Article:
July 21st, 2018

Charges laid 2 years after worker death

By Collin Gallant on December 13, 2017.


Two years after a fatal workplace accident in Medicine Hat, a national contractor has been charged with five counts of failing to provide a safe work plan and environment.

Alberta’s ministry of labour confirms Tuesday that Aluma Systems has been now served with proper notice that Occupational Health and Safety investigators have laid the charges.

Keith Sykes, a 49-year-old insulator and father of three, was working for Aluma on an ammonia tank at the CF Industries fertilizer facility on Dec. 7, 2015. According to an industry bulletin at that time, a mobile man-lift struck a valve, filling the room with noxious gas.

Sykes died as a result and another worker was taken to hospital, but was released later that day.

The Medicine Hat News reported last weekend the case was approaching a two-year deadline that investigators have to lay charges after workplace accidents.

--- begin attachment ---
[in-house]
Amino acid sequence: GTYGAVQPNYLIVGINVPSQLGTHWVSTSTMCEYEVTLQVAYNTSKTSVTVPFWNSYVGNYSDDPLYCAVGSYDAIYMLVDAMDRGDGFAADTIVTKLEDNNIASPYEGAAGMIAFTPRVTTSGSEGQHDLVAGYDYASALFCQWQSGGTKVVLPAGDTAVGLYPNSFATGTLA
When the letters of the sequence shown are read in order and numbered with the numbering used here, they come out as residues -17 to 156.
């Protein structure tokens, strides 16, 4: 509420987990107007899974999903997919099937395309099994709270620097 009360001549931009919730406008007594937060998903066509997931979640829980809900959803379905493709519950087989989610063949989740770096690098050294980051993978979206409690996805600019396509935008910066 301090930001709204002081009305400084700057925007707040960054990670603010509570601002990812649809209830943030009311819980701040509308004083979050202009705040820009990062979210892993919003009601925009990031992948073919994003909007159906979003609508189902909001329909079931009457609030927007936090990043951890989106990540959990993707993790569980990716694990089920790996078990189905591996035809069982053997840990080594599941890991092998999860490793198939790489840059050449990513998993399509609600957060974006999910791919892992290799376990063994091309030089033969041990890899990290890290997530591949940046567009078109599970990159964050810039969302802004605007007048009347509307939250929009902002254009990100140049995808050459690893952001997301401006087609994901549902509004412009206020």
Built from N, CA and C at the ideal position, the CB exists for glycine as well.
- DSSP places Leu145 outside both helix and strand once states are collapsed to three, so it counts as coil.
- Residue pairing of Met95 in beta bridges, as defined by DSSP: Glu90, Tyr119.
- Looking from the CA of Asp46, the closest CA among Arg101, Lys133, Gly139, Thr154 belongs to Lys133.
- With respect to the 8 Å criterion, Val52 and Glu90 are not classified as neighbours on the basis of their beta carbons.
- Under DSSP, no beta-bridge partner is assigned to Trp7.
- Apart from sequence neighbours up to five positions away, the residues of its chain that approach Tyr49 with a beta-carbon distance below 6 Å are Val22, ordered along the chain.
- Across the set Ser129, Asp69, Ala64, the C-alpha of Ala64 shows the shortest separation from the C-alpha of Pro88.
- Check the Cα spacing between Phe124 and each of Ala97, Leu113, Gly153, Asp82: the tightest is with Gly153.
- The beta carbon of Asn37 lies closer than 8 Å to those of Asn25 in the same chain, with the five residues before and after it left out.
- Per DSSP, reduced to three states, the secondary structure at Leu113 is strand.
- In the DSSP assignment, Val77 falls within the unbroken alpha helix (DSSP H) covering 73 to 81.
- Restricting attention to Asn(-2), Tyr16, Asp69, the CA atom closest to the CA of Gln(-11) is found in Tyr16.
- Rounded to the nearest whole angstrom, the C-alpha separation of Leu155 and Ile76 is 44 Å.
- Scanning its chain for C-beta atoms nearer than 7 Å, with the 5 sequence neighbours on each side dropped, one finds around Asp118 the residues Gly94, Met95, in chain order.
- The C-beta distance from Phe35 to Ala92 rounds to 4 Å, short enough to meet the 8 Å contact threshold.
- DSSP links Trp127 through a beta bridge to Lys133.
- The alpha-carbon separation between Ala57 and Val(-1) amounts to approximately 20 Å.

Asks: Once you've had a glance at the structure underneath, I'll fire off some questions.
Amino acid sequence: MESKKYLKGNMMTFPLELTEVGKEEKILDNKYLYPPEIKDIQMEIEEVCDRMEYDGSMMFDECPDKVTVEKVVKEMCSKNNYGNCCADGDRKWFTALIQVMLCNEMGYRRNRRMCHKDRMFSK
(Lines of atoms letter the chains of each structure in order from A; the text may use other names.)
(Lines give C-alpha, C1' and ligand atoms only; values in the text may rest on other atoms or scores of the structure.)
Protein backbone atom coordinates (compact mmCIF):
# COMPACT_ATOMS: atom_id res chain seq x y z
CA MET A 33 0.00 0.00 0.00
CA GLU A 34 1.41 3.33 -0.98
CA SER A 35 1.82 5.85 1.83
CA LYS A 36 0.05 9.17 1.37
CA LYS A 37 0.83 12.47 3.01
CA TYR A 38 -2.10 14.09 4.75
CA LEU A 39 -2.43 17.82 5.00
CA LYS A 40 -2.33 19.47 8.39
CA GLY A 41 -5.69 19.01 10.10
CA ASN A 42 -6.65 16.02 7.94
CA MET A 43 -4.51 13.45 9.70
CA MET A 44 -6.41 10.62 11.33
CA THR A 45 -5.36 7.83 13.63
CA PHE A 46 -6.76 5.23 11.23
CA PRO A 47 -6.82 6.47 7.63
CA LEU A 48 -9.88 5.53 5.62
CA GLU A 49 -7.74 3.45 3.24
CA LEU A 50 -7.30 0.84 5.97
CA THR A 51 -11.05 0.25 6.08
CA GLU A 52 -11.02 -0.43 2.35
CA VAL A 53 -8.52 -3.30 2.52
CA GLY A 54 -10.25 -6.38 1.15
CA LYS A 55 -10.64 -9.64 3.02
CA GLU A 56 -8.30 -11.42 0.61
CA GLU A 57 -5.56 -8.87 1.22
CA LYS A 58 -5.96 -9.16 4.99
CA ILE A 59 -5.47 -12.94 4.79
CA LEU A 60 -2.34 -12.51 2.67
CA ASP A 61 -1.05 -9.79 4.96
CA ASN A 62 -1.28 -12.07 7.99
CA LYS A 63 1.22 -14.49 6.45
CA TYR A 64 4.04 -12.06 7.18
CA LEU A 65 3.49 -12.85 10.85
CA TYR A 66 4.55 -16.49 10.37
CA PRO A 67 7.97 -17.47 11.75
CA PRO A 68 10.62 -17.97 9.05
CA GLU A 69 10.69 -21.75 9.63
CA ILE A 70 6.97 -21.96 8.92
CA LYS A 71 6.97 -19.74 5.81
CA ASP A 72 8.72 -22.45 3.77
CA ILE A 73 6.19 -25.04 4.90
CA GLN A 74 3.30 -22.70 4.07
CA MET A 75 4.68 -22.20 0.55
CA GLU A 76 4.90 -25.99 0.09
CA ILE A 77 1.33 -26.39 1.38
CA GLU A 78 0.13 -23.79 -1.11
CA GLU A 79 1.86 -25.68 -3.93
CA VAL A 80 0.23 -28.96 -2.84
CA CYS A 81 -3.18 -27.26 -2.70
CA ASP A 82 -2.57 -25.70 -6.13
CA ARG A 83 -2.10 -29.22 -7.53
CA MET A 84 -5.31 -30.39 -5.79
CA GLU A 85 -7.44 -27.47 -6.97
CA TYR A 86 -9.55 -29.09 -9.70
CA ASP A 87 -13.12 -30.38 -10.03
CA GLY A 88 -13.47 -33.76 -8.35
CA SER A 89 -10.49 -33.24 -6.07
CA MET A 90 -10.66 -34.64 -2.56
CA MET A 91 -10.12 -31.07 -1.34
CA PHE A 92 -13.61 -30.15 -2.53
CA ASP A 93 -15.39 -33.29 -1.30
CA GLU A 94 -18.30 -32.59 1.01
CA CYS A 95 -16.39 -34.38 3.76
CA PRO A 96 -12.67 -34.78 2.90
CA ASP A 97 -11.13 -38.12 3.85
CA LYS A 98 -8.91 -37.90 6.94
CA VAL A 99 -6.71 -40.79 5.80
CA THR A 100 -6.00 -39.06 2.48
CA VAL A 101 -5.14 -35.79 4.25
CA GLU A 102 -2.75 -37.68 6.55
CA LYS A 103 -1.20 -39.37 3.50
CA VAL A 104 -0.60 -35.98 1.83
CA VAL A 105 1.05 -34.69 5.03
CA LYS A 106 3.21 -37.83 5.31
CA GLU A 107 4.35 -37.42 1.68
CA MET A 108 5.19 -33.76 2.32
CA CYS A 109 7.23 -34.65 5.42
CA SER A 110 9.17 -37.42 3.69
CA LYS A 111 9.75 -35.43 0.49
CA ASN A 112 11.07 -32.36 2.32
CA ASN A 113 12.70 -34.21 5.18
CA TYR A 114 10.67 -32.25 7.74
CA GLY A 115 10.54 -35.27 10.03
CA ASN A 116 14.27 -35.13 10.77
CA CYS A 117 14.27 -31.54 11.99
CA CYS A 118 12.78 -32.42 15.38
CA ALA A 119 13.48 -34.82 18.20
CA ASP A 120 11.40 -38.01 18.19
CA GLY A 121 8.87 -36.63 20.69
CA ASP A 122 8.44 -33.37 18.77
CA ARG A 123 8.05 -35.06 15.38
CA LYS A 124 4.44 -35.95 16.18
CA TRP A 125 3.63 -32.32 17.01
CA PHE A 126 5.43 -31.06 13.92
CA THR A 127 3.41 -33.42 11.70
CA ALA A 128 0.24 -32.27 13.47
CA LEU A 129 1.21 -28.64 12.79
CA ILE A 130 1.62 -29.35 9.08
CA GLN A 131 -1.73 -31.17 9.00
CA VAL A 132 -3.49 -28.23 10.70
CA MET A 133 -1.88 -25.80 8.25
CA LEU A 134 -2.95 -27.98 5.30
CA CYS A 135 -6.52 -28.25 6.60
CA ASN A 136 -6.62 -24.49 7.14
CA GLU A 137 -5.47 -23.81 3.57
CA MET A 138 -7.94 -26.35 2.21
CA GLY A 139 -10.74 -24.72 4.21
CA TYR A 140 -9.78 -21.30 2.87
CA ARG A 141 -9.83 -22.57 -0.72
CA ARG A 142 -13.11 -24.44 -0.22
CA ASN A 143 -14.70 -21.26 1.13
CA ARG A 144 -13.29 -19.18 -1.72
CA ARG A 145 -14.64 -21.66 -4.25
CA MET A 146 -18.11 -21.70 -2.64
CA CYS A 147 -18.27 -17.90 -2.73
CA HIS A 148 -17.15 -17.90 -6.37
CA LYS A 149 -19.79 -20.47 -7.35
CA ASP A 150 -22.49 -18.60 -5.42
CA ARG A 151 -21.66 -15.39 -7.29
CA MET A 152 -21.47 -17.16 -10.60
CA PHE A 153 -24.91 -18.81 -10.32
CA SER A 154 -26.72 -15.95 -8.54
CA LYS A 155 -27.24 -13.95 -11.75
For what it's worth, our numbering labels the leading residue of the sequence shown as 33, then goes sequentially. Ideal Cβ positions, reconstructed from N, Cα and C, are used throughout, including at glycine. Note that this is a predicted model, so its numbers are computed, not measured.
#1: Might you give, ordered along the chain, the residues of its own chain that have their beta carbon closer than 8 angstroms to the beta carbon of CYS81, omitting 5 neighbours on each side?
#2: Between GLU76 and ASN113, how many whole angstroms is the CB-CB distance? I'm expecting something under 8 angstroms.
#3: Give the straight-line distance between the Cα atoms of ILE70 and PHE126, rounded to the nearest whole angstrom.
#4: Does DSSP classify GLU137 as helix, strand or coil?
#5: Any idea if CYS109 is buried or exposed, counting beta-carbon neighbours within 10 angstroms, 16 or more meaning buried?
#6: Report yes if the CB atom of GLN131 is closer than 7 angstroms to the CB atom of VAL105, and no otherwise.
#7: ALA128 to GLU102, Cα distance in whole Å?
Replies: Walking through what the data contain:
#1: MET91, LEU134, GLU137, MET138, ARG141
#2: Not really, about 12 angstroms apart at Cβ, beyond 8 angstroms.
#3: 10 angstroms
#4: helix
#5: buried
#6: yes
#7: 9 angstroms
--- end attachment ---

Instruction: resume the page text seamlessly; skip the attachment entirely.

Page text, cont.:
Sykes’s son, Kyle, told the News last week he felt the process was taking too long and was frustrated with a seeming lack of progress.

He said Tuesday he was pleased the investigation was proceeding to the next phase.

“It’s taken a lot of stress off,” said Kyle Sykes on Tuesday Morning. “But it does open up a lot of new things.”

Alberta Labour ministry officials said last week the case was considered “open.”

They say this week charges were filed Nov. 30, 2017 — one week before the deadline — but it is policy to not confirm charges until the party has been officially served.

Officials with Aluma Systems, a North American industrial services provider, did not return calls to its Calgary and Edmonton locations seeking comment.

The five counts include failing to ensure safety of both workers, failing to eliminate an identified hazard, put a safeguard in place or repeating a risk assessment when the work process changed.

The charges have not been proven.

Each carries a maximum fine of $500,000 or six-month imprisonment, or a combination of both.

“Judges have fairly wide latitude in OHS matters,” said Alberta Labour ministry spokesperson Trent Bancarz.

The first scheduled court appearance is set for Jan. 26.

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